Colbertson Kreger, an LPC Candidate at Northwestern beautifully shares, “Taking the step toward an authentic experience with others, and most importantly, yourself, is to take a step into the unknown. We have performed since our birth, and now is a time to learn who we really are. Your uniqueness may be overshadowed by anxiety and internal critique, but that shadow can only be cast if you stand behind your angst instead of finally taking that fabled step toward the light of self-authenticity.


3. Find a form of movement that feels really good to you

Moving the energy through our bodies is really helpful for our outlook, energy, and overall wellbeing. This does not mean running ten miles, unless that’s your thing. This can be random dance breaks in your day, a yoga class, kickboxing, a walk, or heading to the gym for your favorite spin class. Pick something that actually feels good and something you can look forward to.


4. Create a routine

As a person who craves freedom, schedules can sometimes seem daunting. However, Stephanie Cacioppo, PhD,shares, “[creating a routine] will instill you with a sense of control… once you’ve come up with a schedule, stick to it as much as you can. It’ll be tough sometimes, but as long as you take it one day at a time, the structured routine will feel more and more natural,” she adds.

This can mean scheduling things that actually feel fun to you. You get to connect to your agency and make time for writing that book or song, breaking out the water colors, or getting on that bike that has been in your garage for a year. For example, a friend of mine had been wanting to learn tarot, and now she’s really honed her craft and started doing it for others. It has brought her a great deal of joy in difficult times.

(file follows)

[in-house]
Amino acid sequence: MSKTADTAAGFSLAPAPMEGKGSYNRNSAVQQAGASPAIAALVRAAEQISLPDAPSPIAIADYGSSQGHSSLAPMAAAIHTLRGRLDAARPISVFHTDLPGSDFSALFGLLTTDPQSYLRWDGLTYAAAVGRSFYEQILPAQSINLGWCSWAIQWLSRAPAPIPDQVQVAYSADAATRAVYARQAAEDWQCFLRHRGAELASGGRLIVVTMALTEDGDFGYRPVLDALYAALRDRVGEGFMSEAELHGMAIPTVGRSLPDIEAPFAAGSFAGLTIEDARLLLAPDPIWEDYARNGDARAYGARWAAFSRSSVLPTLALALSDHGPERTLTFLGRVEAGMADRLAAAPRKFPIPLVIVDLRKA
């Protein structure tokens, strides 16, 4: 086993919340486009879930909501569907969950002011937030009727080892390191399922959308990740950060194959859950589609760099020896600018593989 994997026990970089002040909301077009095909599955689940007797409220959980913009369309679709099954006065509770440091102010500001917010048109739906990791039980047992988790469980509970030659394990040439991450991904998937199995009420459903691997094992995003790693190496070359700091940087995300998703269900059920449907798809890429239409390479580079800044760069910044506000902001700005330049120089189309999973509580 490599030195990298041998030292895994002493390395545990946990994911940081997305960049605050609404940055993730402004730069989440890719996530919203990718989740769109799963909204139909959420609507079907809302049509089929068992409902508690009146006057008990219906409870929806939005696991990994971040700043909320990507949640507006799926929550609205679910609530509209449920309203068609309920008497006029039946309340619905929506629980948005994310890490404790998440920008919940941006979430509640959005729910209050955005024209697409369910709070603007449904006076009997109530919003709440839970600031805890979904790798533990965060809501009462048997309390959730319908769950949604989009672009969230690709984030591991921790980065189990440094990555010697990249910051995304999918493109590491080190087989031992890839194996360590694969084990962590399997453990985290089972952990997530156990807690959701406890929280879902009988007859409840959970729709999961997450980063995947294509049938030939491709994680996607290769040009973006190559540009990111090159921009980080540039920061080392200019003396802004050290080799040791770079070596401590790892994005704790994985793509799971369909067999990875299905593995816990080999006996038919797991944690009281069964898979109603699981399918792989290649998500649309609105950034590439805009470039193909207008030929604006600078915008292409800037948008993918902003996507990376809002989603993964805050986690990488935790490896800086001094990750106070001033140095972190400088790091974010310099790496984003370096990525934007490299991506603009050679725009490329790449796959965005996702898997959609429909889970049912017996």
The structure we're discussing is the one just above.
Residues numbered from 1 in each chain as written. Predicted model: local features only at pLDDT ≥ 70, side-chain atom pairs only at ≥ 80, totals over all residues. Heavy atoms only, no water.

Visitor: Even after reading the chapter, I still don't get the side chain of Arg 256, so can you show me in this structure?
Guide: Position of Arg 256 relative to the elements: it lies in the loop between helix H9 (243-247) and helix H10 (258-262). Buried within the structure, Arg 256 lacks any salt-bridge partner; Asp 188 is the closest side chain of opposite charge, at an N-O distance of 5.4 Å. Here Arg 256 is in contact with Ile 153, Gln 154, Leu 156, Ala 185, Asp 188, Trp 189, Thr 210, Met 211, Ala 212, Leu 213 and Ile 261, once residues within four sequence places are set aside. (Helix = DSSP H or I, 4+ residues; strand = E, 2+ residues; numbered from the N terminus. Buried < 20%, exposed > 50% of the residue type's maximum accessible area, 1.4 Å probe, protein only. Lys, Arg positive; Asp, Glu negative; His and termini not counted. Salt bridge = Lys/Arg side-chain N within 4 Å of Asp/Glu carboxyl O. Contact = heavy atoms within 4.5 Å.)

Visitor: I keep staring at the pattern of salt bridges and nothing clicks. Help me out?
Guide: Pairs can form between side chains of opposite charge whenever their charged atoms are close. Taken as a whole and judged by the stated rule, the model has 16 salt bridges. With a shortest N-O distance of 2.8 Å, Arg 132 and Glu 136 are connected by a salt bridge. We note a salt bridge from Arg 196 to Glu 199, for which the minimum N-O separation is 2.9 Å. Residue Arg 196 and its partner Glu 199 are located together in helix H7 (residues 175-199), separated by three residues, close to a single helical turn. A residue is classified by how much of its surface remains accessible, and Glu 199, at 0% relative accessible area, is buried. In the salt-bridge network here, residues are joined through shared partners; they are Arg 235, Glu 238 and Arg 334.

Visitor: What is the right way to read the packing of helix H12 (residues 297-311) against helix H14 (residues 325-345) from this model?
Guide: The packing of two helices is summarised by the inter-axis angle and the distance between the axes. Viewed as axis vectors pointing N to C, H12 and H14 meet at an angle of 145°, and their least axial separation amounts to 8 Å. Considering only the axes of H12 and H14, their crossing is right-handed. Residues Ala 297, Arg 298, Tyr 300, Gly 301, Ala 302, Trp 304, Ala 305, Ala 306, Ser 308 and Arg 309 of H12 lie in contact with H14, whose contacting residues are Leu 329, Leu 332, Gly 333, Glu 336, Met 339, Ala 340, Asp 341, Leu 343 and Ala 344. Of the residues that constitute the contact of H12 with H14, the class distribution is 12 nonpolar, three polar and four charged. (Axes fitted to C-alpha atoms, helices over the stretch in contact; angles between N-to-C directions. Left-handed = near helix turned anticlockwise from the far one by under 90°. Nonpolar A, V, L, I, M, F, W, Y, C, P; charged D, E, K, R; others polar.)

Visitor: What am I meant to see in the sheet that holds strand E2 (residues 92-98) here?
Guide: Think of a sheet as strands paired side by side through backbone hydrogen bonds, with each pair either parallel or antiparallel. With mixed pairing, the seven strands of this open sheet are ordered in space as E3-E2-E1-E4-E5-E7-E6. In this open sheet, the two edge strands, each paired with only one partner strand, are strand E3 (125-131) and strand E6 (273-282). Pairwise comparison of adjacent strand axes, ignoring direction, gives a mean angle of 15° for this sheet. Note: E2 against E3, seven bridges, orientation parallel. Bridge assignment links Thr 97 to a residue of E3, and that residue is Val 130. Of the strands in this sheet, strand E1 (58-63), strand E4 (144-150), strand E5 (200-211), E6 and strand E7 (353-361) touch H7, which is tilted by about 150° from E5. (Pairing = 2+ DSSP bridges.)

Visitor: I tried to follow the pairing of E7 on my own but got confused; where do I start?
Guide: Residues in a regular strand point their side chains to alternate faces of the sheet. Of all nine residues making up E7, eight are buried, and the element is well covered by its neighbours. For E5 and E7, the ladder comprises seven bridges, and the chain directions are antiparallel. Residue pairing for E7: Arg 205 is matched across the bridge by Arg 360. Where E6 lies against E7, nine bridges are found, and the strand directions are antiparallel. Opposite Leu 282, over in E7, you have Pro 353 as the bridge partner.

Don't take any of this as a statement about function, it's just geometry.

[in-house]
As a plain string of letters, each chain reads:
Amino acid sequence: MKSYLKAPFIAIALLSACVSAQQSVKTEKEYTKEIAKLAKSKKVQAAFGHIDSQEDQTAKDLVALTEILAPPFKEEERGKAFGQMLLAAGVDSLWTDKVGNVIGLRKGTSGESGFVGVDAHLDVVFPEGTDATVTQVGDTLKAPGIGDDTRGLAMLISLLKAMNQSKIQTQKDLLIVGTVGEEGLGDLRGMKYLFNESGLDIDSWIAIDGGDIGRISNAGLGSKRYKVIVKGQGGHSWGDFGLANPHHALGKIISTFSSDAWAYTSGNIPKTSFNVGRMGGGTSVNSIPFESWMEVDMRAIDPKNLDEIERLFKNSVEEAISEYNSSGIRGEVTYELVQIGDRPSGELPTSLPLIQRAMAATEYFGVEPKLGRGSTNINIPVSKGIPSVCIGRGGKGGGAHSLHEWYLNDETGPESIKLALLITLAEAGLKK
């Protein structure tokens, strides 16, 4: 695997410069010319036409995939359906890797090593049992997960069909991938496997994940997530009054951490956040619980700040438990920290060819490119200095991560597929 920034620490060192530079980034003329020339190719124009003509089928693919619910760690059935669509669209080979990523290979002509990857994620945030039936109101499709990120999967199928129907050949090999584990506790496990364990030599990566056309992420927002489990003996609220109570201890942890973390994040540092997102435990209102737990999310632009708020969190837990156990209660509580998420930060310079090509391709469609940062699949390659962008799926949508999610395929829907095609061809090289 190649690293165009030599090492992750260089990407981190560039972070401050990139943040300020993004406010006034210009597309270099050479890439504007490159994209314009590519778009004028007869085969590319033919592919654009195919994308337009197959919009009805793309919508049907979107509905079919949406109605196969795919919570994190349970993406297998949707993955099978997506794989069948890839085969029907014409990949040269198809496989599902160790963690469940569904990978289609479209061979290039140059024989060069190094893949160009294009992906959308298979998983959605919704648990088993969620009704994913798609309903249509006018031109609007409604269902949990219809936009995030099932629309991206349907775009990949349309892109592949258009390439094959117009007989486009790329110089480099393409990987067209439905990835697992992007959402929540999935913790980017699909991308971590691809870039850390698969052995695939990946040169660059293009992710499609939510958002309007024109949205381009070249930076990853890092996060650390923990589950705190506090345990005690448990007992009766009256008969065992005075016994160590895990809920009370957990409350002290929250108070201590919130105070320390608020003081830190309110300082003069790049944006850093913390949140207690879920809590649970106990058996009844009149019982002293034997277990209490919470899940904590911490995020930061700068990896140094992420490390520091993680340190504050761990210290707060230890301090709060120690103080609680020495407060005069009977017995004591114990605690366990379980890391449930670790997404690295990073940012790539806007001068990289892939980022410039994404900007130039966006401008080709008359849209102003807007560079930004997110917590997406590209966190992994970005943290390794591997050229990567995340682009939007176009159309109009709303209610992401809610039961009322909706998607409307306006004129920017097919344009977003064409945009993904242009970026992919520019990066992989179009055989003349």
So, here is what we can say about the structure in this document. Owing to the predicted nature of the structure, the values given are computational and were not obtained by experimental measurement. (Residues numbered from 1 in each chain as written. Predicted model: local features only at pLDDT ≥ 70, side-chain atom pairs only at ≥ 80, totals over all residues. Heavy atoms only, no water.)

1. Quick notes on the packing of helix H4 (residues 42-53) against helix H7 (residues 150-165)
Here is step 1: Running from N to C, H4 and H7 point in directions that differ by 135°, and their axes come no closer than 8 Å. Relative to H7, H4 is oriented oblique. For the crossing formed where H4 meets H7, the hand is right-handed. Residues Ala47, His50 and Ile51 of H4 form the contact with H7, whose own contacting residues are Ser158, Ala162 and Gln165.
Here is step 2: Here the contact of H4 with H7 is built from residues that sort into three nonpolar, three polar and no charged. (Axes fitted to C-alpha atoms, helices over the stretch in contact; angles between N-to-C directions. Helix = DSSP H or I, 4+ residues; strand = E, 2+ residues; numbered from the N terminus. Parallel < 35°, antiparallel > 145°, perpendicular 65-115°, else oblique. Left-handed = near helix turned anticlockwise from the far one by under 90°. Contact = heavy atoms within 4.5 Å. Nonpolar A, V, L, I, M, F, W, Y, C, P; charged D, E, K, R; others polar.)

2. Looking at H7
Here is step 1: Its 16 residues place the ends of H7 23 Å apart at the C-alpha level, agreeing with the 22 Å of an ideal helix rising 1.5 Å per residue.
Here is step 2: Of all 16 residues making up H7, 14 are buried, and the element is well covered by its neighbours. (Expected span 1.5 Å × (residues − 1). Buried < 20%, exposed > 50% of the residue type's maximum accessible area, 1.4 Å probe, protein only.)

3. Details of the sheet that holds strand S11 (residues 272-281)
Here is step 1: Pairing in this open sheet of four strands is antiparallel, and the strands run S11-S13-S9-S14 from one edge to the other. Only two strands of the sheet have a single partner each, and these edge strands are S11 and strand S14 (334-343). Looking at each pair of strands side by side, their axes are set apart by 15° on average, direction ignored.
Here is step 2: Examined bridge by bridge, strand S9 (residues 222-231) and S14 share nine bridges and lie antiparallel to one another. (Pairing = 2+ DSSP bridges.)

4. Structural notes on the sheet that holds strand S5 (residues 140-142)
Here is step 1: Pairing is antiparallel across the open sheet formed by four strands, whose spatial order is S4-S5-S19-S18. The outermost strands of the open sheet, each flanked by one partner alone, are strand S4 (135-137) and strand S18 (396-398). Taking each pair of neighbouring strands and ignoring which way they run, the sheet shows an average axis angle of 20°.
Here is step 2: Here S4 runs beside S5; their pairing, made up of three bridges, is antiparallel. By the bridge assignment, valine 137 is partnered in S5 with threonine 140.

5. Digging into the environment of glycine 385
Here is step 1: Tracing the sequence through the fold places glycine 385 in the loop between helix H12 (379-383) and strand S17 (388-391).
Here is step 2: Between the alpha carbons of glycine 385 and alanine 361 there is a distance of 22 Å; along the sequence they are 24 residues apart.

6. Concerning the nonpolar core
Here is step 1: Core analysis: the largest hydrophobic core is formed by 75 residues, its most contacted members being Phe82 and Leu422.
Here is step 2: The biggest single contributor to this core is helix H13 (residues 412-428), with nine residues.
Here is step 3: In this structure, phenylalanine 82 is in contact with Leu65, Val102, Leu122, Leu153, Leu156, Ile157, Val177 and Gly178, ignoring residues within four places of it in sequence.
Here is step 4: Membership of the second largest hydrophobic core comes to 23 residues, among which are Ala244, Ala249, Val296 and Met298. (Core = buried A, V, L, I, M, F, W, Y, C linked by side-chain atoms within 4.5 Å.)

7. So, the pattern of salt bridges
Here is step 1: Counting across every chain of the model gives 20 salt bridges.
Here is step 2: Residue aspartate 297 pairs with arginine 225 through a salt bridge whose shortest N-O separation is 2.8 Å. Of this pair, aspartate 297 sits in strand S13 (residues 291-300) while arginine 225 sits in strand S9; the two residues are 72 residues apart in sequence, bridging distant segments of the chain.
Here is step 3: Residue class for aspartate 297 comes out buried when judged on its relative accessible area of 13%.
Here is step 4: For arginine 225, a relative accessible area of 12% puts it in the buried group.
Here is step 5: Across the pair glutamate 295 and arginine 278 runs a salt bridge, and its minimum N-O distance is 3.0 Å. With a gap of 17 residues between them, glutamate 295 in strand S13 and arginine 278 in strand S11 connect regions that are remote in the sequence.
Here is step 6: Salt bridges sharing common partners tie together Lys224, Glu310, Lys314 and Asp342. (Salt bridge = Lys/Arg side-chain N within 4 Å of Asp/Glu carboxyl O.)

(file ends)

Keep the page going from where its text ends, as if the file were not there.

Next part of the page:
5. Let go of anything that does not bring you inspiration, an orgasm, or an income

This is a cheeky way of saying “let go of things and people in your life that are not adding to it.” This creates space and capacity to make room for stronger and more inspiring connections and relationships. You deserve to have people in your life who you do not have to water yourself down for, and to be seen and loved for who you are. Relationships take work and they are not always inspiring, but we know when a relationship is adding to our lives more than it is taking from us.

The truth is, when we take an honest inventory of what activities and people are filling our days, we will find out rather quickly the kind of energy people and activities are adding, not adding, or taking away.  

I was walking with a friend and she was in turmoil about quitting a book club that she was at one point excited to be a part of. The book club had dwindled and the more she talked about it, the more she tensed up. It seemed to be taking from her life rather than adding to it. So what was once a source of inspiration and connection no longer added to her life. She decided to let it go and was relieved. Now she has space to welcome something that will bring her inspiration and create space for more connection.


6. Find things to look forward to while enjoying your own company

Dr. Marisa Franco shares, “When we feel like we’re in control of our alone time, or using it productively, we can access solitude instead of loneliness,” Franco explains. “So seeing your time alone as an opportunity to make art, or music, or repairs around the house, or to learn something new—all those things can make alone time enjoyable rather than distressing.

I don’t know about you, but sometimes I am so bogged down that I find it hard to enjoy my own company. But when I’m alone and allow myself to feel my feelings rather than avoid them, I am met with more peace and creativity. This is why I made this the last step. If you are having a hard time switching from loneliness to solitude in your alone time, which I definitely have found difficult at times, it may be time to sit with some hard feelings. These feelings may be trying to tell you that they need to be tended to. Remember, you deserve to enjoy your own company.


In all that you do or don’t do on this list, know that you are not alone and that a huge percentage of the population is feeling this exact same loneliness. It just manifests in all of us in different ways. Don’t let their Instagram feeds fool you. We are all in this together and this is a time to be gentle and kind and really lean into self-compassion. 

Take it slow, lean in, do activities that make you feel like yourself, and reach out to your support system who loves you.

Godspeed friends.